About 30 miles northeast of Mexico City and an hour’s drive is Teotihuacan, the site of what was once the largest metropolis in the Western hemisphere and the commercial hub of meso-America. What remains today are the Pyramids of the Sun and Moon and many temples arranged in a grid layout. The site is well worth a half-day excursion which, unfortunately, often involves side trips to kitschy souvenir shops when booked through the tour companies. The site spans many hundreds of acres, and you will walk quite a bit (and climb steep stone steps if you’re looking to “bag” the top of the Sun Pyramid). The tours can run $130 per person including transportation to and from the city and the entrance fee. Oddly, our guide, referred to us by the front desk of our hotel, did not accompany us inside the site which is where we’d have benefitted the most! We suggest you research ahead of time and reserve a well informed professional guide or tour group. Consider hiring a private guide so you can opt out of the cheesy side trips
Bosque de Chapultapec (“grasshopper park”), the largest urban park in Latin America, is surrounded by upscale neighborhoods west of the city center. There are many sites worth visiting at Chapultapec. First and foremost is the Museo Nacional de Antropologia (National Museum of Anthropology - 70 pesos) whose 12 halls house the country’s most precious pre-Hispanic artifacts from 2300 BC to 100 AD. The Teotihuacan, Aztec, and Maya halls are a treasure trove of ancient art and sculptures. Not to miss!
We struck up a conversation with a local at dinner, who insisted one of the “must see” sites is the Castillo de Chapultapec (Chapultapec Castle - 70 pesos). The former residence of several presidents is high on a hill with terrific views of the city. The setting is beautiful, but the interior of this museum will draw you in with fabulous murals, stained glass, and period furnishings. While we chose to guide ourselves throughout the estate, the security guards are positioned strategically around the grounds to ensure that you follow the somewhat byzantine tour route.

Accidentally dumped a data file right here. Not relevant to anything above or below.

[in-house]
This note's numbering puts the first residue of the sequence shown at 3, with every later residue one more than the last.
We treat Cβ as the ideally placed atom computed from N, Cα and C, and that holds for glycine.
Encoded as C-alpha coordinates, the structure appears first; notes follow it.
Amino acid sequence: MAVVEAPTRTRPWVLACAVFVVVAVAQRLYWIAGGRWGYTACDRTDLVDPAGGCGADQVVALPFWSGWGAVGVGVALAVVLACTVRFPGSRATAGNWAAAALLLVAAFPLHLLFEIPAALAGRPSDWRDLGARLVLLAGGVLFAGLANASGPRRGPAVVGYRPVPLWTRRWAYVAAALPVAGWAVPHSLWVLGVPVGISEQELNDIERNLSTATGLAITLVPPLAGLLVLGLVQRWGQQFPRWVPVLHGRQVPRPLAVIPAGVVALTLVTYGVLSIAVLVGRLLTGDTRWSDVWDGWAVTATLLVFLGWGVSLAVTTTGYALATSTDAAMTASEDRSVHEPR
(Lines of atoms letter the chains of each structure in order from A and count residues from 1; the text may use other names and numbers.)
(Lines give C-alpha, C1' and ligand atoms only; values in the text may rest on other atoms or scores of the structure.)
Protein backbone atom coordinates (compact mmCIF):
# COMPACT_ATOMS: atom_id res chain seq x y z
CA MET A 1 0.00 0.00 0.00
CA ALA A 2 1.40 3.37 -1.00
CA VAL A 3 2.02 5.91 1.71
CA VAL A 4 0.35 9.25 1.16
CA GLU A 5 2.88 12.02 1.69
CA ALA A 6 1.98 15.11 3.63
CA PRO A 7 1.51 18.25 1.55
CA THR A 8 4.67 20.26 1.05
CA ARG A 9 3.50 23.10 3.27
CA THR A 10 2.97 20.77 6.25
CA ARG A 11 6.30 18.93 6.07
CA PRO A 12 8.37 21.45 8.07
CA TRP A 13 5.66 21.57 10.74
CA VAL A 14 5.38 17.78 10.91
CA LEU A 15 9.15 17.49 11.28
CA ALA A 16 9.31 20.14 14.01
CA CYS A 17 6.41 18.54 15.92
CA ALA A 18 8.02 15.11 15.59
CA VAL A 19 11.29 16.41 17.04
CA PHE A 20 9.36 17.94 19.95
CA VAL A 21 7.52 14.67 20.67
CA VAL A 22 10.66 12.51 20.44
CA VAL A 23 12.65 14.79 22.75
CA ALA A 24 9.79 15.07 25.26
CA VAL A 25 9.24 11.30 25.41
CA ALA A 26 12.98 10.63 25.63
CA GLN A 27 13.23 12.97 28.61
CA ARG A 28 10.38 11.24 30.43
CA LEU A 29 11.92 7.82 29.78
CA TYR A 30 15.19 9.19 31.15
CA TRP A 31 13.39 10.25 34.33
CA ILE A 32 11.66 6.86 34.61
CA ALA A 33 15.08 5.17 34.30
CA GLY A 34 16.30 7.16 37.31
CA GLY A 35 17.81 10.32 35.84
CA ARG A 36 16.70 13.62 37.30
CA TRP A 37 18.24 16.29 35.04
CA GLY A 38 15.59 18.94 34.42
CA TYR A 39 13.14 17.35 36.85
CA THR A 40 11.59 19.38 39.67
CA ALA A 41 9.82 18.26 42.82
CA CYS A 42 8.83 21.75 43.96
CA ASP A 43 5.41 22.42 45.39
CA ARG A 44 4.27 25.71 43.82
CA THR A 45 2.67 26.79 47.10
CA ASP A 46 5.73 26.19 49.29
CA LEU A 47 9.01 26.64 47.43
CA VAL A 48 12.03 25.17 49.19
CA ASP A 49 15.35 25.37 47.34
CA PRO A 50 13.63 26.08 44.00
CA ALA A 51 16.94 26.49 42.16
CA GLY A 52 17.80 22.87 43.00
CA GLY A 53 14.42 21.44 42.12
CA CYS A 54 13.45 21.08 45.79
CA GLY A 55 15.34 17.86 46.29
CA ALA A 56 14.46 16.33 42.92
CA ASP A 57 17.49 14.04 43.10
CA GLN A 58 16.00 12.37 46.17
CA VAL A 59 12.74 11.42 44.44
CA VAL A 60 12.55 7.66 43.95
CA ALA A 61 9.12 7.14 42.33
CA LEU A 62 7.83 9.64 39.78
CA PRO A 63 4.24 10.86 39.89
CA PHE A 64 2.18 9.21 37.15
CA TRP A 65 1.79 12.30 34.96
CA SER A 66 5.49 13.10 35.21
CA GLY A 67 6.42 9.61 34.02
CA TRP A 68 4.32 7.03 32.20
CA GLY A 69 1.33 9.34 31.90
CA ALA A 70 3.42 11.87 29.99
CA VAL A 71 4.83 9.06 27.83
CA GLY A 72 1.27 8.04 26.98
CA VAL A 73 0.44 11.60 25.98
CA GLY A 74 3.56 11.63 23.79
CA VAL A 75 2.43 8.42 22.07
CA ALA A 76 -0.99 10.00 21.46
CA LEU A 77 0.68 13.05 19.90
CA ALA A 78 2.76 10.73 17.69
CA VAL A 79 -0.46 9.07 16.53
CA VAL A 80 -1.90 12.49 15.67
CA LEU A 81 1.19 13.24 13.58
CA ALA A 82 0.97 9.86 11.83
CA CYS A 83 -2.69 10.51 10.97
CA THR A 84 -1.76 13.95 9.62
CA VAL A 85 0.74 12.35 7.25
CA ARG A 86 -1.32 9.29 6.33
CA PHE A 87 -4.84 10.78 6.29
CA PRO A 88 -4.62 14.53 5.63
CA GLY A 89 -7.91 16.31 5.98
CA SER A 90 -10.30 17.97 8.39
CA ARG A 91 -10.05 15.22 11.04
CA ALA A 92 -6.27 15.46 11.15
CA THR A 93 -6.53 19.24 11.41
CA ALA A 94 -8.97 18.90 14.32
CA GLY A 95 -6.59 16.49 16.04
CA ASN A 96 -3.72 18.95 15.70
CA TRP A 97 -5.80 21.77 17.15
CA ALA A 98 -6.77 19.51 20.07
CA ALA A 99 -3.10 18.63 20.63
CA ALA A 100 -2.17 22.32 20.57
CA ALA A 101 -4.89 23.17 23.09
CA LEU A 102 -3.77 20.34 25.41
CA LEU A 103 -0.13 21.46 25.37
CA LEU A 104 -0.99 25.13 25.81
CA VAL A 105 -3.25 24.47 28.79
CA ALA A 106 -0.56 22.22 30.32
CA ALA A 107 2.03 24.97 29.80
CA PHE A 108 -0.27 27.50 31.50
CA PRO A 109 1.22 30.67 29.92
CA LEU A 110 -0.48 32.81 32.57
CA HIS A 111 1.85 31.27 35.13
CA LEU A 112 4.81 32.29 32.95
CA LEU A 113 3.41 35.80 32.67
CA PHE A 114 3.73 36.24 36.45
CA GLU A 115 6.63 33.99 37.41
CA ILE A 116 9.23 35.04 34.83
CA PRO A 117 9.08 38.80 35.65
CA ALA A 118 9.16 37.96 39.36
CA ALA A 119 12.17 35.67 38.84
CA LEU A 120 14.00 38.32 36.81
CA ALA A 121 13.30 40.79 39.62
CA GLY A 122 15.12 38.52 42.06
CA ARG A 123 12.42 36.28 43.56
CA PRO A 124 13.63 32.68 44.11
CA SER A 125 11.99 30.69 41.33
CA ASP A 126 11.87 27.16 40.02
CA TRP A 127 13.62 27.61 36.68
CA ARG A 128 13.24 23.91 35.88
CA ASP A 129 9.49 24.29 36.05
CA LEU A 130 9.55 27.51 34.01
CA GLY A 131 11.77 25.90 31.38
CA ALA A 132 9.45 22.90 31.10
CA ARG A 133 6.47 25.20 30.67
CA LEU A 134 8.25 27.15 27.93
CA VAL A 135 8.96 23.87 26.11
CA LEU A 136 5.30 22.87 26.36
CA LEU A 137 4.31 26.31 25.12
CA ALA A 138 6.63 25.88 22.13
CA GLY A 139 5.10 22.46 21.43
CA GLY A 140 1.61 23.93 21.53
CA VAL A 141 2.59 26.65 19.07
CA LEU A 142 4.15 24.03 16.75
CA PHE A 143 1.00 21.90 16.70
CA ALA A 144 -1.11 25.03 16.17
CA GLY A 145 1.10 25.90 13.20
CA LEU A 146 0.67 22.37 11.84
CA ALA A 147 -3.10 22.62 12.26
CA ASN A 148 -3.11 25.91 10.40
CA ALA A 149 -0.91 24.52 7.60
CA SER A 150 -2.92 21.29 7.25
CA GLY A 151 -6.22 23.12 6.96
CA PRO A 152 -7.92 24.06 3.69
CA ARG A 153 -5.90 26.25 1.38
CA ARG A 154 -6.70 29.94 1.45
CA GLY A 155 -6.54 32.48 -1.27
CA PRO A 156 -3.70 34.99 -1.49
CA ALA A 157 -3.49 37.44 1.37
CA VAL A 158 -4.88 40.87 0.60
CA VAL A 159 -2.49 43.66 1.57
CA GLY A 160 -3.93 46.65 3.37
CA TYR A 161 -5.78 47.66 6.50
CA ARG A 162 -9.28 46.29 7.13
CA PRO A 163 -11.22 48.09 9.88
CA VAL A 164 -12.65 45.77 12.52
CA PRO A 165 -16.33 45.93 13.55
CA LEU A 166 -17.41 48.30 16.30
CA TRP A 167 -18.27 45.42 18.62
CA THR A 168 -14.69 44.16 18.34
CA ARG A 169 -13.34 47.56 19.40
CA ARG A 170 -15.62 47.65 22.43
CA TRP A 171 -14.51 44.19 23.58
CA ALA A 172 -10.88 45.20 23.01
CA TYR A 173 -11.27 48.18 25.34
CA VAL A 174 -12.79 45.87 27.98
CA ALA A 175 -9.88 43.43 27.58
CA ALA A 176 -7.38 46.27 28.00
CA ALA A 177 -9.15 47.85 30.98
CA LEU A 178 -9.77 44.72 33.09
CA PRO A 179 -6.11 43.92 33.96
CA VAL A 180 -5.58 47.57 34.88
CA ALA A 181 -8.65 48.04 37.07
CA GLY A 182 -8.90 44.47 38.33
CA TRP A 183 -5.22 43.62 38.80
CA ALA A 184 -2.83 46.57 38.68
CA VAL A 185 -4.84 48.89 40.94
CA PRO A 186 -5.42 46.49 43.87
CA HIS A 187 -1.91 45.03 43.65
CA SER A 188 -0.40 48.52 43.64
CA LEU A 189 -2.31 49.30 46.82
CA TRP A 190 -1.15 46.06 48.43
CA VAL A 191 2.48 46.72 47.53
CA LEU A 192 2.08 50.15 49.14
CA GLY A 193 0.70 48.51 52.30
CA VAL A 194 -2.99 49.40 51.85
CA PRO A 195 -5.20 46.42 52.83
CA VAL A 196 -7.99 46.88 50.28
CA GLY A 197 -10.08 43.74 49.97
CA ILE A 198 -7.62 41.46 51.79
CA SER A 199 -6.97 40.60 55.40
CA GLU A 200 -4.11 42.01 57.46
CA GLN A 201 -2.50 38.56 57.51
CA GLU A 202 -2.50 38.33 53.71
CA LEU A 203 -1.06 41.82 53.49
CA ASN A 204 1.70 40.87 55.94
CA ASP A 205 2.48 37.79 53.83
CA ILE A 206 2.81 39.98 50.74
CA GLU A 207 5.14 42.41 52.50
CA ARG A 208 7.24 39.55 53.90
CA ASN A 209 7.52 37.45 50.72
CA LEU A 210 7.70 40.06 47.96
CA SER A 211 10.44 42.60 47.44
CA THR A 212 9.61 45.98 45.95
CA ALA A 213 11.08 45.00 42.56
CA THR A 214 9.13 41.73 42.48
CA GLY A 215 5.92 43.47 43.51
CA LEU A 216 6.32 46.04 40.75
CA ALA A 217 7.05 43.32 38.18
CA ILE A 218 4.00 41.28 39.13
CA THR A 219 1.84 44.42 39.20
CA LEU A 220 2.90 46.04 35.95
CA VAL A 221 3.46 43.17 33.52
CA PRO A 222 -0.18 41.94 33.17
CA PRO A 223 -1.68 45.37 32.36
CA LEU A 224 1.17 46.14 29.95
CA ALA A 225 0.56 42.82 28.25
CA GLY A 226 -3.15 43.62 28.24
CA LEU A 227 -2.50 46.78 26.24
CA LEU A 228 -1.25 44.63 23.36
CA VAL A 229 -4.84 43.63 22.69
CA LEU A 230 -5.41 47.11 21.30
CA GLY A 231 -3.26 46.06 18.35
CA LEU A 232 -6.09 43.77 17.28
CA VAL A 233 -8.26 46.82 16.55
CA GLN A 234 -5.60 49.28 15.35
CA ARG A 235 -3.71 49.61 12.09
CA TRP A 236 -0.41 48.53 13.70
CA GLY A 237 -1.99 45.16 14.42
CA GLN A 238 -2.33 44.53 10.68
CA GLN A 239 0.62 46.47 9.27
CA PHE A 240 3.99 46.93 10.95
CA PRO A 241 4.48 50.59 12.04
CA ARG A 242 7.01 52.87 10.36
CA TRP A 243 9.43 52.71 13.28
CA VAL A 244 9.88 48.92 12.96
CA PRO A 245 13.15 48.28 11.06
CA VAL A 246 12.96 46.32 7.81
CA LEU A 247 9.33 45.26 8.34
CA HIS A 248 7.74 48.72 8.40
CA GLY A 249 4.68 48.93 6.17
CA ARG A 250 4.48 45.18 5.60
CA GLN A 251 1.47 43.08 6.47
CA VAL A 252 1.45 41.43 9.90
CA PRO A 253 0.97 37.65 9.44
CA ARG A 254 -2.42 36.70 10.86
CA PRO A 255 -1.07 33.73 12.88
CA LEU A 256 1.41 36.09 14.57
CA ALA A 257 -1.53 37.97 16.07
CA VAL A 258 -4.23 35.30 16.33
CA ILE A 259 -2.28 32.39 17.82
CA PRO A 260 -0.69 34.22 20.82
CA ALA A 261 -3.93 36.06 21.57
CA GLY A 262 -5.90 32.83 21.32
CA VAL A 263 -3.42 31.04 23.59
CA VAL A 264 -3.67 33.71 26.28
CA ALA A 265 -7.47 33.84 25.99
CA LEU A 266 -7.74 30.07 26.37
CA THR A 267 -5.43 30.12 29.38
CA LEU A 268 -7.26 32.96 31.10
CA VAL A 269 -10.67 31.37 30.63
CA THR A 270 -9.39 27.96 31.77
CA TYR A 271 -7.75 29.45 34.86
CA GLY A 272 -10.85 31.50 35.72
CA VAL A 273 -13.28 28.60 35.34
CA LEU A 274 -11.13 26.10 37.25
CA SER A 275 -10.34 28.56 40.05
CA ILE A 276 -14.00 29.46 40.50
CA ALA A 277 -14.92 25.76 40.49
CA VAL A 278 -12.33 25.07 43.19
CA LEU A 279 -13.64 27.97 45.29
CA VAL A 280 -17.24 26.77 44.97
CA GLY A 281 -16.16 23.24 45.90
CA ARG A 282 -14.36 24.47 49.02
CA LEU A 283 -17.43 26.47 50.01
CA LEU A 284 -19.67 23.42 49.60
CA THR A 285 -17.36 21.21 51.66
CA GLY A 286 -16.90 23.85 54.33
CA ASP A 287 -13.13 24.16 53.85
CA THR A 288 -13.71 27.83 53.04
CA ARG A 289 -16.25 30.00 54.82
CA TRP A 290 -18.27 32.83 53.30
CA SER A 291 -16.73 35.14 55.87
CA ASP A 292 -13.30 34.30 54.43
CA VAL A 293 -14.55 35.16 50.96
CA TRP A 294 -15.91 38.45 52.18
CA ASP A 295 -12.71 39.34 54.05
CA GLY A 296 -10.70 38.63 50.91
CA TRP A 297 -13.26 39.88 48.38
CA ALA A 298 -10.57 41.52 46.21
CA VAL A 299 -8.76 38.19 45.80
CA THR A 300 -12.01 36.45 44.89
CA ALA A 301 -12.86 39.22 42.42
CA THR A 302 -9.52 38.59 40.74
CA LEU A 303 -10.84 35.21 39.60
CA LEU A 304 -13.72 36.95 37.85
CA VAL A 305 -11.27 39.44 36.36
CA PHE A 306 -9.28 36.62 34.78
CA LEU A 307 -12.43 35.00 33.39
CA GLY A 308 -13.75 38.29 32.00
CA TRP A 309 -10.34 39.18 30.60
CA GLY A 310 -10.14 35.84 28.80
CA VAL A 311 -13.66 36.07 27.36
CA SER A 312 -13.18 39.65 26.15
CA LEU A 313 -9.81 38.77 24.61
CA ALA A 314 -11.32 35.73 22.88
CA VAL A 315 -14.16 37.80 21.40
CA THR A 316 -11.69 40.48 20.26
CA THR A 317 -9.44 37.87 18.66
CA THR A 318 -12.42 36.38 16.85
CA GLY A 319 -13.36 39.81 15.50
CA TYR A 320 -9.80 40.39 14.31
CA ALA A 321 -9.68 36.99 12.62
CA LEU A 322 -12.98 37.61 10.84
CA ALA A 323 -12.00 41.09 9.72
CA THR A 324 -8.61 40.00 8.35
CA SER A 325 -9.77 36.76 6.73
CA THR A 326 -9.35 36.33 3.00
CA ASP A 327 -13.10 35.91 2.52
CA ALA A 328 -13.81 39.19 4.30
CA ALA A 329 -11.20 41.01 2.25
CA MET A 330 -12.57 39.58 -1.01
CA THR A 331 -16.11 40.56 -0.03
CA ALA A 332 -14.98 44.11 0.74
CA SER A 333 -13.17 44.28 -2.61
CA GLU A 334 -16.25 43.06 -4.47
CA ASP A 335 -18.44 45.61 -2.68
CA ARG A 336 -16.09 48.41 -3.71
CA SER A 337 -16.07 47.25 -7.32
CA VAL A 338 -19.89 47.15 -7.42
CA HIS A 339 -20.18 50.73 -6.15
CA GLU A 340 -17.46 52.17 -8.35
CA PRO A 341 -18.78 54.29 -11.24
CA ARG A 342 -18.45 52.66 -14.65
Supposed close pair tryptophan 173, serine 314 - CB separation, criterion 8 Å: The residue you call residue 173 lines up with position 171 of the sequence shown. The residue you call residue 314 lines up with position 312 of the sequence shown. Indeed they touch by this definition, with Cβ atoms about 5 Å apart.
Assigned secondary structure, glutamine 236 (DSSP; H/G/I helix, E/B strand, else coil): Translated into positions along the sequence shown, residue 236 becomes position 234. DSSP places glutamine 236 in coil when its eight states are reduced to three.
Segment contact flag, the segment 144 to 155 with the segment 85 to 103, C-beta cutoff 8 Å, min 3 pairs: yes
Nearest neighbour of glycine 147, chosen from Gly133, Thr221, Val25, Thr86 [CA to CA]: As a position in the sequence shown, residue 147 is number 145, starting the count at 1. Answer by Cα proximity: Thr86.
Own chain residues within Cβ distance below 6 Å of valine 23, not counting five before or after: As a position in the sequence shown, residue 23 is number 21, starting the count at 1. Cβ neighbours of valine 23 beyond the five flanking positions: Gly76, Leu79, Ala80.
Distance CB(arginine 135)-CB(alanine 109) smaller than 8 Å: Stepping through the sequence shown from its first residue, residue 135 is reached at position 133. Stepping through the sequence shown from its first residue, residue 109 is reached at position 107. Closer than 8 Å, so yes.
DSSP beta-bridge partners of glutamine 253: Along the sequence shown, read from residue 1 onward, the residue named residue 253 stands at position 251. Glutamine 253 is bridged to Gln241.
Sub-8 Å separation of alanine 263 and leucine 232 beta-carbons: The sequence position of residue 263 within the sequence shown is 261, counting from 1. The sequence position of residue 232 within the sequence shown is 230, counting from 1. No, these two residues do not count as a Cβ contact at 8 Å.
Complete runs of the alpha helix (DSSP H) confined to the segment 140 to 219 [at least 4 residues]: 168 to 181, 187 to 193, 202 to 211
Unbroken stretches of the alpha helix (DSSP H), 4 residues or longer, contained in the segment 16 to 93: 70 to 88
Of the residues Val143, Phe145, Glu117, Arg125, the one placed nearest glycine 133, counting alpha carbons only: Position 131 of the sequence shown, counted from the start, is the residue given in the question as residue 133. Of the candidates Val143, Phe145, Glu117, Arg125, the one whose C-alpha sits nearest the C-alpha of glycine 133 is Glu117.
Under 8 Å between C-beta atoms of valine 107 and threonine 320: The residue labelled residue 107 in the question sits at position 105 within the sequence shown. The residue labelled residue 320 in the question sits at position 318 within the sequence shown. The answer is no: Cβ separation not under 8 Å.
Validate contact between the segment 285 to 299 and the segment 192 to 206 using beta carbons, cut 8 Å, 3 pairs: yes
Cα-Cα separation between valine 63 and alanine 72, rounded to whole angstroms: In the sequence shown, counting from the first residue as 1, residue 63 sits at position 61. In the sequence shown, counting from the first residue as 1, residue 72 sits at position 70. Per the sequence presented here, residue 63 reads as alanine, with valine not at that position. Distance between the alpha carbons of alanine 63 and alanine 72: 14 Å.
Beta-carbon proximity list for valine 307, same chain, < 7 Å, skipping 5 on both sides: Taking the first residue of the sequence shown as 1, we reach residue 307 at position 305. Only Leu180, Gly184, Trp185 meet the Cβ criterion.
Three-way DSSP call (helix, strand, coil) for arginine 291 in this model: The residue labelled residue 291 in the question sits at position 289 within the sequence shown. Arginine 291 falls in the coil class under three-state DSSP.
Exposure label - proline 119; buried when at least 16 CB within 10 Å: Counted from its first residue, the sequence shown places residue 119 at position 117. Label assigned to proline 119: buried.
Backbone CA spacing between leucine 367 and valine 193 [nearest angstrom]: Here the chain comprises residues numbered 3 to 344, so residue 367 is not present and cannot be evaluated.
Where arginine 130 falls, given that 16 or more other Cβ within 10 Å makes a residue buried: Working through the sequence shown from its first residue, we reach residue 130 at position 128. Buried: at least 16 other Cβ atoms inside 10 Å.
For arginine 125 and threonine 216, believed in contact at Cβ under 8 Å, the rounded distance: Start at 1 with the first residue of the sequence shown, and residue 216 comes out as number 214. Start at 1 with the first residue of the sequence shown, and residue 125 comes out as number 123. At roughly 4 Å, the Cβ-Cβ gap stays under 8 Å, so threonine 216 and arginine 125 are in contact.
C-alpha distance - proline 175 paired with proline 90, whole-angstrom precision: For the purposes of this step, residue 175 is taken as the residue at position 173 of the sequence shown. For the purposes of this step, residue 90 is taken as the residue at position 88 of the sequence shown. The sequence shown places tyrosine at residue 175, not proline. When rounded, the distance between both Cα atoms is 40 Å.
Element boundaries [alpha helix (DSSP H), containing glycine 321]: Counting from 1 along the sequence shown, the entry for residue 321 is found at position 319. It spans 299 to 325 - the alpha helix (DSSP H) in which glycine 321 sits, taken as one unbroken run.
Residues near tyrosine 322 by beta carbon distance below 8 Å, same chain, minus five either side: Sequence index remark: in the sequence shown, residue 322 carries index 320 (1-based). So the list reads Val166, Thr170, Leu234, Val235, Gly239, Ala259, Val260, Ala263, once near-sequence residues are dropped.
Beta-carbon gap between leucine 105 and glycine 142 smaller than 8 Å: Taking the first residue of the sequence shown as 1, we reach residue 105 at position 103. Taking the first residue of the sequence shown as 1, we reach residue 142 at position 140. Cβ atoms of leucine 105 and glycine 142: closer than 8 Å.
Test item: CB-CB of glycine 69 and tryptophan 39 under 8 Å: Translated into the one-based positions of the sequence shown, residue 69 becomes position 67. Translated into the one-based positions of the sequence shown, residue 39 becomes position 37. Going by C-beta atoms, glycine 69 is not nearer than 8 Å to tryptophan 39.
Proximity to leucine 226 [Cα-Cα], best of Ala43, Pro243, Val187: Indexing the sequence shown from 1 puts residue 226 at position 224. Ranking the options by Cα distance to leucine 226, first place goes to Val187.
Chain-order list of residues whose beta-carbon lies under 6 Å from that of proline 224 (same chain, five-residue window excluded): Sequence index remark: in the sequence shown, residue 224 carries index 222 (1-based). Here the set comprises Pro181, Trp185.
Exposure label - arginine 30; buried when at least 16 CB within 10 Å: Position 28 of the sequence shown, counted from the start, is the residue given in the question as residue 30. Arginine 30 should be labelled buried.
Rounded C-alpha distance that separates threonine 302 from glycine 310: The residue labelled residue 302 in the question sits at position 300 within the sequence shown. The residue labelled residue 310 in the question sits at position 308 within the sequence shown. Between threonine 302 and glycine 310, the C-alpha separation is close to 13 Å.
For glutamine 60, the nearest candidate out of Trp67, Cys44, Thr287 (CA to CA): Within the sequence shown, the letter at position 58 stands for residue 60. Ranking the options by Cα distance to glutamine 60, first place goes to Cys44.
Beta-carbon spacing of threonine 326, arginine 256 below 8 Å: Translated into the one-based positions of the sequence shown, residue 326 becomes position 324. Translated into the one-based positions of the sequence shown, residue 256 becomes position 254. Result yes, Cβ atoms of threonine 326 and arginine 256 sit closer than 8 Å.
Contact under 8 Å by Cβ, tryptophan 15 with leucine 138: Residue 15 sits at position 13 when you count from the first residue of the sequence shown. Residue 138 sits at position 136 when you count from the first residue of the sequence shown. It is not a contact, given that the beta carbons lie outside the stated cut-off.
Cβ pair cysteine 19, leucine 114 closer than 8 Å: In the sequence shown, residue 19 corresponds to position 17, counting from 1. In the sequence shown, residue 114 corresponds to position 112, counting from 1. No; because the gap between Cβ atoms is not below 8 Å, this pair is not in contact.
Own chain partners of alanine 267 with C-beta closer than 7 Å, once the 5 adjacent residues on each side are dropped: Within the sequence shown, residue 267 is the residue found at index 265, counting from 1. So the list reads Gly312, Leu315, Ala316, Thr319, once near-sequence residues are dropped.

Art Along the Paseo de la Reforma
This grand boulevard, modeled after the Champ d’Elysee in Paris, runs through Chapultapec Park. Along the tree lined median close to the Museo Nacional de Antropologia were several striking public art displays which we stumbled upon on our walk to the museum. Our first encounter was with these large scale stick sculptures of ants carrying various objects. Just beyond the ants were a series of bronze sculptures that we discovered were Salvador Dali originals. All of this was for public enjoyment courtesy of the Carlos Slim foundation.